NUEVA YORK — El senador estatal José Peralta anunció en conferencia de prensa un proyecto de ley que pretende iniciar una ofensiva en contra del comercio sexual en la avenida Roosevelt, en el condado de Queens, específicamente en las áreas de Jackson Heights y Corona.
Peralta explicó que la propuesta tiene como principal objetivo frenar el "free delivery" de mujeres ofrecidas por proxenetas locales.
La ley plantea que los conductores de taxis que deseen obtener una licencia inicial o renovación posterior, deberán someterse a un programa educativo acerca del tráfico de mujeres para fines de explotación sexual.
“The sex trafficking and prostitution operation dismantled by the Manhattan District Attorney’s office, NYPD and federal authorities is yet another example of the barbaric treatment trafficked women are subjected to for the profit of ruthless pimps.
“It also underscores the need to reclassify sex trafficking as a violent felony. in recognition of the brutality of the crime and the punishment it warrants. I recently introduced a bill in the New York State Senate that would make sex trafficking a violent felony and increase the minimum jail sentence to five years. The minimum sentence currently is one to three years.
There are some 27 million slaves in the world today, more than at any other time in human history. Most are trafficked for commercial sexual exploitation and 80 percent are female. About half of the world’s trafficking victims are under the age of 18.
While New York State’s sex trafficking laws are among the most comprehensive in the nation, promoting prostitution in the first degree, compelling prostitution and sex trafficking are all classified here as non-violent felonies.
Last fall, State Senator José Peralta pushed the "chica card" law, an alternate plan for discouraging prostitution in Queens.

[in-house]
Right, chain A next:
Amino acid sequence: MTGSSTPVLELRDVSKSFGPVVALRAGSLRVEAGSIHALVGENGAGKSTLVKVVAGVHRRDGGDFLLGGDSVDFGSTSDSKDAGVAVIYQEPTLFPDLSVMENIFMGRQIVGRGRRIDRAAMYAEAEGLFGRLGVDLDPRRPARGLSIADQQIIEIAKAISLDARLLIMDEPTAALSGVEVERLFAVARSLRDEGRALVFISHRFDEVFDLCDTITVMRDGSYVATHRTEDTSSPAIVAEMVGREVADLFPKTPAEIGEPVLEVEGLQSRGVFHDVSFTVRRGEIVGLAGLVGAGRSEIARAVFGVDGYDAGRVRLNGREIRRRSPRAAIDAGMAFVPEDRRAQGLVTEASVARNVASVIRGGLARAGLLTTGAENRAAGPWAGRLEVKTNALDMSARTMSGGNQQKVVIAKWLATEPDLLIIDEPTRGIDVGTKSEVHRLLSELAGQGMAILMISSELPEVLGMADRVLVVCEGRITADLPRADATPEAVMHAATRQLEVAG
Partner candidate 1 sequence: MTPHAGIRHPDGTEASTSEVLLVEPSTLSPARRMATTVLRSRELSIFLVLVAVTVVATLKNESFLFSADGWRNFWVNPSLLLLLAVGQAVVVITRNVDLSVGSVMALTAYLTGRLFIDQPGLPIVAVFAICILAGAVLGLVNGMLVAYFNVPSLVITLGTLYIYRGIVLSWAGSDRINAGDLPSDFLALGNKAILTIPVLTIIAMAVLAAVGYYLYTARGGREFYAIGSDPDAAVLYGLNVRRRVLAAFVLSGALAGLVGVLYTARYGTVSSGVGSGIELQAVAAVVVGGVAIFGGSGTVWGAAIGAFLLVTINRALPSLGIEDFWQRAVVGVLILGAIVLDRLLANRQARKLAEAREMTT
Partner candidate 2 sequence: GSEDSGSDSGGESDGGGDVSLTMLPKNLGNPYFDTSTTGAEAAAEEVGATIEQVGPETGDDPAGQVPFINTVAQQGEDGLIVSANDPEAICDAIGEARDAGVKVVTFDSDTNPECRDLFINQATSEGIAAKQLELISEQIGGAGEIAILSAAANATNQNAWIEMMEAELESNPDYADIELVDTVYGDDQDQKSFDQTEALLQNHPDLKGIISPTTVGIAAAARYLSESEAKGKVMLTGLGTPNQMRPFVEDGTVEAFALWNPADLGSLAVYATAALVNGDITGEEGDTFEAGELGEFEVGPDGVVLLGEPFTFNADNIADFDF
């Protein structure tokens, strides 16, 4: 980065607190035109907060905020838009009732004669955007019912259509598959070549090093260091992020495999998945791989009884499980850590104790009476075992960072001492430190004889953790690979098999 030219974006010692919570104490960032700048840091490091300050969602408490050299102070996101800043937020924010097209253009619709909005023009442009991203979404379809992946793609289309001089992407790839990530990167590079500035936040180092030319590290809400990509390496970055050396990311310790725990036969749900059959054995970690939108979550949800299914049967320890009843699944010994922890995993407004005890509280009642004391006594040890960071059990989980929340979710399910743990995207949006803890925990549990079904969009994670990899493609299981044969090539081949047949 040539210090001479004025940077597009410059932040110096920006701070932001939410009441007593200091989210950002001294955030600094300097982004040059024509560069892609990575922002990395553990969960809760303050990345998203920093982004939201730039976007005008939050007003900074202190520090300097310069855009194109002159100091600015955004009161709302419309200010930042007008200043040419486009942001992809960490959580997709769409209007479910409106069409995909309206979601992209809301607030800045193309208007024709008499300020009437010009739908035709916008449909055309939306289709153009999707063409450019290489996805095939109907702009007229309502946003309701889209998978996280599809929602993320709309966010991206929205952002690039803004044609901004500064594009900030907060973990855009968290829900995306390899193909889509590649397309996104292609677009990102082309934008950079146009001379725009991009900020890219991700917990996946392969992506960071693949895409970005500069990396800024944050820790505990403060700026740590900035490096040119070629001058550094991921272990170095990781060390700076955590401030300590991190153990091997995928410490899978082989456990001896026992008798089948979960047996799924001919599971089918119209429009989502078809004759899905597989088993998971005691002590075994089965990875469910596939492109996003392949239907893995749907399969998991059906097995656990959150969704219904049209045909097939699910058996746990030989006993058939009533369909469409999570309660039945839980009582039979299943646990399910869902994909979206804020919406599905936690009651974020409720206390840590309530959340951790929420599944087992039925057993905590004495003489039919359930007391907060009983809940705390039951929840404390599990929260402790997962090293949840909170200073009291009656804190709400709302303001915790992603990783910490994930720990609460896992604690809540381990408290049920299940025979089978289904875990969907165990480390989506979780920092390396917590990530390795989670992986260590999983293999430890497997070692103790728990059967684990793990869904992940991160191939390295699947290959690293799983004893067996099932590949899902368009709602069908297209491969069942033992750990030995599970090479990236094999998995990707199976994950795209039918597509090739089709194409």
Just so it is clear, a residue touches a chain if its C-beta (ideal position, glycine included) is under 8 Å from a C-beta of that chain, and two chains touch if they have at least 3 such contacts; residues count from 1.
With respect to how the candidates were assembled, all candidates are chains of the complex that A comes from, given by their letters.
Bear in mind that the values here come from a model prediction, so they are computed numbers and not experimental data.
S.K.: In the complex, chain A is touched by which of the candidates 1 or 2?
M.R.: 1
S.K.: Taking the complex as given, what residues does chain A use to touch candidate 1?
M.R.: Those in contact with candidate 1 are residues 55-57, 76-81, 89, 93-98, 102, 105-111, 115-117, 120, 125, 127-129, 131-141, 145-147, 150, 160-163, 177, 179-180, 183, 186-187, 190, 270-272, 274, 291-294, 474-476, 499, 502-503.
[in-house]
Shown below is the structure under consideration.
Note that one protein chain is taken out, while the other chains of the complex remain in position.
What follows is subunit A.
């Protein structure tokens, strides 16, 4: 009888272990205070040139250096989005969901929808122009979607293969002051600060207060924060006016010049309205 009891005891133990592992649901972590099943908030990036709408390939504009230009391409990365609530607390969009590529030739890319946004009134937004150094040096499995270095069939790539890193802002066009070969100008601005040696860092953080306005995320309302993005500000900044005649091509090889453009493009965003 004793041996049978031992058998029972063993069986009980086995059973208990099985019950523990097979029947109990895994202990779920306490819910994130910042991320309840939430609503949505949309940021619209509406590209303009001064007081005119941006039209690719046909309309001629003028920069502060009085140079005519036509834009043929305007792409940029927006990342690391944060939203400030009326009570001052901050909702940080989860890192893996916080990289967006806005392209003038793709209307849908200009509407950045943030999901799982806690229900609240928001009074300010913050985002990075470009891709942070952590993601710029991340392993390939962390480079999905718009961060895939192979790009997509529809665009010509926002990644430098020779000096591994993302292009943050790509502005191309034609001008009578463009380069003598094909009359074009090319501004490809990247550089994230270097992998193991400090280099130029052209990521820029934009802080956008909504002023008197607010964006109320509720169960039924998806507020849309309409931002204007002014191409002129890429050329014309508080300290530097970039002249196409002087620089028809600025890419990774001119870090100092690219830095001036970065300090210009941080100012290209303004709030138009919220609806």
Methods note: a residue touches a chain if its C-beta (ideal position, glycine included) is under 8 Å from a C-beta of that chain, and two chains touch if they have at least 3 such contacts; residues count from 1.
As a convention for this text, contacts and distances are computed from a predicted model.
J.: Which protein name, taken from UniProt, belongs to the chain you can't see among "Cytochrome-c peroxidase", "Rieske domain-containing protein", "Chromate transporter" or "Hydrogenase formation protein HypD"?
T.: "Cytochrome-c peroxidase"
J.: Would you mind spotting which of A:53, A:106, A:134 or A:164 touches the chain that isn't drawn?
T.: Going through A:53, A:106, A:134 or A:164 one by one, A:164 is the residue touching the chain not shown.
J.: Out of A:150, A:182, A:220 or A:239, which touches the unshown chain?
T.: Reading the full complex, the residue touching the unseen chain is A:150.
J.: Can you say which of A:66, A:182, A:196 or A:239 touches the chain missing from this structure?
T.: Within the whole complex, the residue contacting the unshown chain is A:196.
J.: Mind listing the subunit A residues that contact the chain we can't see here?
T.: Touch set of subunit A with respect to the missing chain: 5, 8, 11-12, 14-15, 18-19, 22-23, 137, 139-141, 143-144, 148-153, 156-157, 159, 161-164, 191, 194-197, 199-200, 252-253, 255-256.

Chica cards, small cards with images of half-naked women and phone numbers advertising "free delivery" were once distributed openly along Roosevelt Avenue in Queens. Peralta's "chica card" law, criminalized the distribution of flyers and cards marketing prostitutes, and now they're much harder to find.
Peralta also introduced a bill that would require taxi drivers, who are oftentimes complicit in bringing prostitutes around the city, take a course on sex trafficking before receiving or renewing a license.
"We have to dispel the dangerous notion that prostitution is a victimless crime," Peralta said. "Someone aware of this brutal reality is less likely to participate in the continued exploitation of these women."
Inside City Hall’s Errol Louis spoke with State Sen. Jose Peralta from Queens and the Executive Director of the Queens Chamber of Commerce, Jack Friedman, about how they want to battle sex trafficking in their borough.
“As a Dominican American who represents one of the most diverse communities in this country, I applaud Judge Susan Bolton of Federal District Court’s decision to issue an injunction against Arizona’s divisive immigration enforcement law. Allowing any governing body to legalize racial profiling is appalling and flies in the face of our core belief of “innocent until proven guilty”.
The crowded neighborhoods of the West Bronx come alive at night. Residents, young and old, cluster around door stoops. Teenagers fill playground basketball courts. Police officers from the nearby 44th and 46th Precincts patrol the streets, from time to time stopping and frisking young men, mostly black and Latino. And when they do, statistics show, they use physical force far more often than the police do anywhere else in the city.
A Queens official is spearheading a campaign to raise awareness of the plight of human trafficking victims in an attempt to curb the problem in western Queens.
The office of state Sen. Jose Peralta (D-East Elmhurst) has been distributing hundreds of posters in English and Spanish to small businesses in Corona, Jackson Heights and parts of Elmhurst. The posters encourage victims of human trafficking and prostitution to call 311 for help.
“So many women from around the world and the country are brought here to New York, and particularly on Roosevelt Avenue, to be enslaved and forced to have sex with strangers,” Peralta said.
ALBANY — A Queens state Senator has introduced a bill to repeal a controversial tax credit given to businesses that employ teenage minimum-wage workers.
Sen. Jose Peralta, a Democrat, said the credit encourages businesses, including national chains like Walmart, to shed older workers. He believes it also discourages employers from raising wages above the state minimum. “This tax credit is a really bad idea,” Peralta told the Daily News. “It just sends the wrong message.”